Strengthening Congressional Oversight of the Intelligence Community

Today 33 organizations called on the House of Representatives to strengthen its oversight of the intelligence community. Concurrently, a bipartisan quartet of organizations made in-depth recommendations on how the House should update its intelligence oversight rules.

The letter and white paper are the culmination of nearly two years of work. Their release comes on the heels of the commemoration of 9/11 one day prior to a House hearing on updating the lower chamber’s rules. Continue reading “Strengthening Congressional Oversight of the Intelligence Community”

Tracking Lobbying by Foreign Governments

In the next few months, the Justice Department’s Inspector General will release a report on lobbying by foreign powers aimed at the federal government. Unlikely lobbying by American citizens and companies, tracked by the House of Representatives and Senate, lobbying by agents of foreign powers is monitored by the Department of Justice.

The law requiring reporting by foreign lobbyists — known as the Foreign Agents Registration Act, or FARA — originated in the 1930s and grew out of the concern that it’s important to know when foreign governments are trying to influence U.S. policy. It differers from domestic lobbying reporting in three important ways. Continue reading “Tracking Lobbying by Foreign Governments”

What We’re Looking For at Wednesday’s Hearing on the Librarian of Congress Nominee

On Wednesday, the Senate Rules Committee will hear from Dr. Carla HaydenPresident Obama’s nominee to serve as the next Librarian of Congress. Last June I described criteria President Obama should use in choosing his nominee. Continue reading “What We’re Looking For at Wednesday’s Hearing on the Librarian of Congress Nominee”

Empowering The House Intelligence Committee to be Smarter

How do you help Members of the House Intelligence Committee makes the best decisions about matters concerning national security? In part, it’s by making sure that they receive the best staff support possible. That’s why a bipartisan coalition of 16 organizations sent a letter Friday in support of a congressional request for high security clearances for staffers. Let me explain….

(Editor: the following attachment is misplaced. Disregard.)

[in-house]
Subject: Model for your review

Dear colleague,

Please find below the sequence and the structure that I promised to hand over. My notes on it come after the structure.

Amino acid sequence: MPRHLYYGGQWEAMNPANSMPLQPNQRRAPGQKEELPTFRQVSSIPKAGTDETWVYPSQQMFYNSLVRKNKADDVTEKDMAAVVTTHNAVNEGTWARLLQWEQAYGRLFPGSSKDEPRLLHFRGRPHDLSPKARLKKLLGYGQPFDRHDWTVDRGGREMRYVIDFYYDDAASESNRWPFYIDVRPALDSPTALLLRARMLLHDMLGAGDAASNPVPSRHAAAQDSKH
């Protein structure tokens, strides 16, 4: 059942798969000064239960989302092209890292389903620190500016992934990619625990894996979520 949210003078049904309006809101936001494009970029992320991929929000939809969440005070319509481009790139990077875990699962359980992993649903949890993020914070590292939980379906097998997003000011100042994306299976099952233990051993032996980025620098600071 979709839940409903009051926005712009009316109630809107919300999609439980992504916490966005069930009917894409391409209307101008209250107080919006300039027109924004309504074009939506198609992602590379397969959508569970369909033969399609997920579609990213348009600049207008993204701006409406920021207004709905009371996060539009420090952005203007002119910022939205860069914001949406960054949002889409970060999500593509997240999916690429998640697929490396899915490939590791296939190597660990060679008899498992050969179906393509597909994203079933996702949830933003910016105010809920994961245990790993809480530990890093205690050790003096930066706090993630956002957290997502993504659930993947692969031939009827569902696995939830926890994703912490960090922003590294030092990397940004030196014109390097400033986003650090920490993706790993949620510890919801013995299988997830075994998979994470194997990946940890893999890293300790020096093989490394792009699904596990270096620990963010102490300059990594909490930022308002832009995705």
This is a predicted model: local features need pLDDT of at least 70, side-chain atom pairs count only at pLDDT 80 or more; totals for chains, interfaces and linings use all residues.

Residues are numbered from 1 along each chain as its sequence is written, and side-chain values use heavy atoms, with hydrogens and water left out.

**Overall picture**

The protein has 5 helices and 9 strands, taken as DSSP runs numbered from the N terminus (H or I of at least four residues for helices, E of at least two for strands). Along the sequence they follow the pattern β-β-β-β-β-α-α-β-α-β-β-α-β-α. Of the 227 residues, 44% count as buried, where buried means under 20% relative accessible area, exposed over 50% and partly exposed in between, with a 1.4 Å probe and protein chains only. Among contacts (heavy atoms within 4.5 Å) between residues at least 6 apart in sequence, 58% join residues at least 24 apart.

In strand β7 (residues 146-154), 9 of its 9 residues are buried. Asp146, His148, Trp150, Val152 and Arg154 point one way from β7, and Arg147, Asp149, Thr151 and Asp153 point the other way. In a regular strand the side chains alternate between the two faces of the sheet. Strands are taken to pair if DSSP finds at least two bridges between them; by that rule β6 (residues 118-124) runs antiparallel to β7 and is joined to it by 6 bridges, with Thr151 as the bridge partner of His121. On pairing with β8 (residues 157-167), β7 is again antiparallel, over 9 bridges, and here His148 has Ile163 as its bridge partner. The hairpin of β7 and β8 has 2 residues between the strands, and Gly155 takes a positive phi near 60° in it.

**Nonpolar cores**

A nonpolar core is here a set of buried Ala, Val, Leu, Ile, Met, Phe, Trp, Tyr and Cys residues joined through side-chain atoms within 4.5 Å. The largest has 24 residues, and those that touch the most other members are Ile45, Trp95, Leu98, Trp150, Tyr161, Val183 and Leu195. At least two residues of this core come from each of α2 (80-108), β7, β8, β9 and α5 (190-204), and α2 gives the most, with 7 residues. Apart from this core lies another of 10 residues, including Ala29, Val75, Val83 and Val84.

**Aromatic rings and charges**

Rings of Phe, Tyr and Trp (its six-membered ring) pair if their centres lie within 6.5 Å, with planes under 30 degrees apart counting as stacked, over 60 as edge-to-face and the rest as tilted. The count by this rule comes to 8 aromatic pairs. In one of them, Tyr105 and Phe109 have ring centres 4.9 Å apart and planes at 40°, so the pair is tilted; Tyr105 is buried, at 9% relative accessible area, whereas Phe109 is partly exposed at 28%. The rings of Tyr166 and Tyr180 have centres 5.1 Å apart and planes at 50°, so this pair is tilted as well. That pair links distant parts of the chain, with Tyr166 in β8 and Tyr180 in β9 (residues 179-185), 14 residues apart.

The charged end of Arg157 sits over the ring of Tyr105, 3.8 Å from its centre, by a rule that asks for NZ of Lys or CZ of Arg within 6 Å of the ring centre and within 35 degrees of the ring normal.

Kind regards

The House Permanent Select Committee on Intelligence (a.k.a. House Intelligence Committee or HPSCI) has its staff hired by the chair and ranking member of the committee. Because of the nature of intelligence committee work, public and outside experts are less able to render assistance than with other committees.

As a result, members of Congress rely more than usual on their staff to provide confidential advice and assistance — and those staff must have the highest levels of clearance to be useful. It is only with top clearances that it becomes possible to ask the probing questions of intelligence briefers and to have fully informed conversations with Members of Congress. While committee staff can be useful, personal office staff play a unique and distinct role as compared to committee staff in fulfilling this need for individualized assistance.

That is why, in part, that each Senator who serve on the Senate Select Committee on Intelligence (a.k.a. Senate Intelligence Committee or SSCI) hires a staffer who is responsible to that Senator, can obtain the highest level of clearance, and provides support concerning the work of SSCI.

Providing members of HPSCI with personal office staffers with top security clearances creates parity with the Senate and also expands the pool of staff a Member of Congress with intelligence responsibilities can rely upon.

All this can be accomplished through $125,000 in additional funding to the House Sergeant at Arms to allow personal office designees of members who serve on HPSCI to be able to undergo Top Secret Sensitive Compartmented Information Security (TS/SCI) investigations.

It’s not just us that thinks this would be useful. Eight Members of the House Intelligence Committee, coordinated by Rep. Jackie Speier, requested that appropriators make these funds available to the Sergeant at Arms.

Some may fret that providing 20-odd congressional staffers high clearance may pose security problems, but considering more than 660,000 executive branch employees have top secret clearance and more than 500,000 contractors have top secret clearance, I suspect the real danger comes from a lack of oversight, not an empowered Congress.

— Written by Daniel Schuman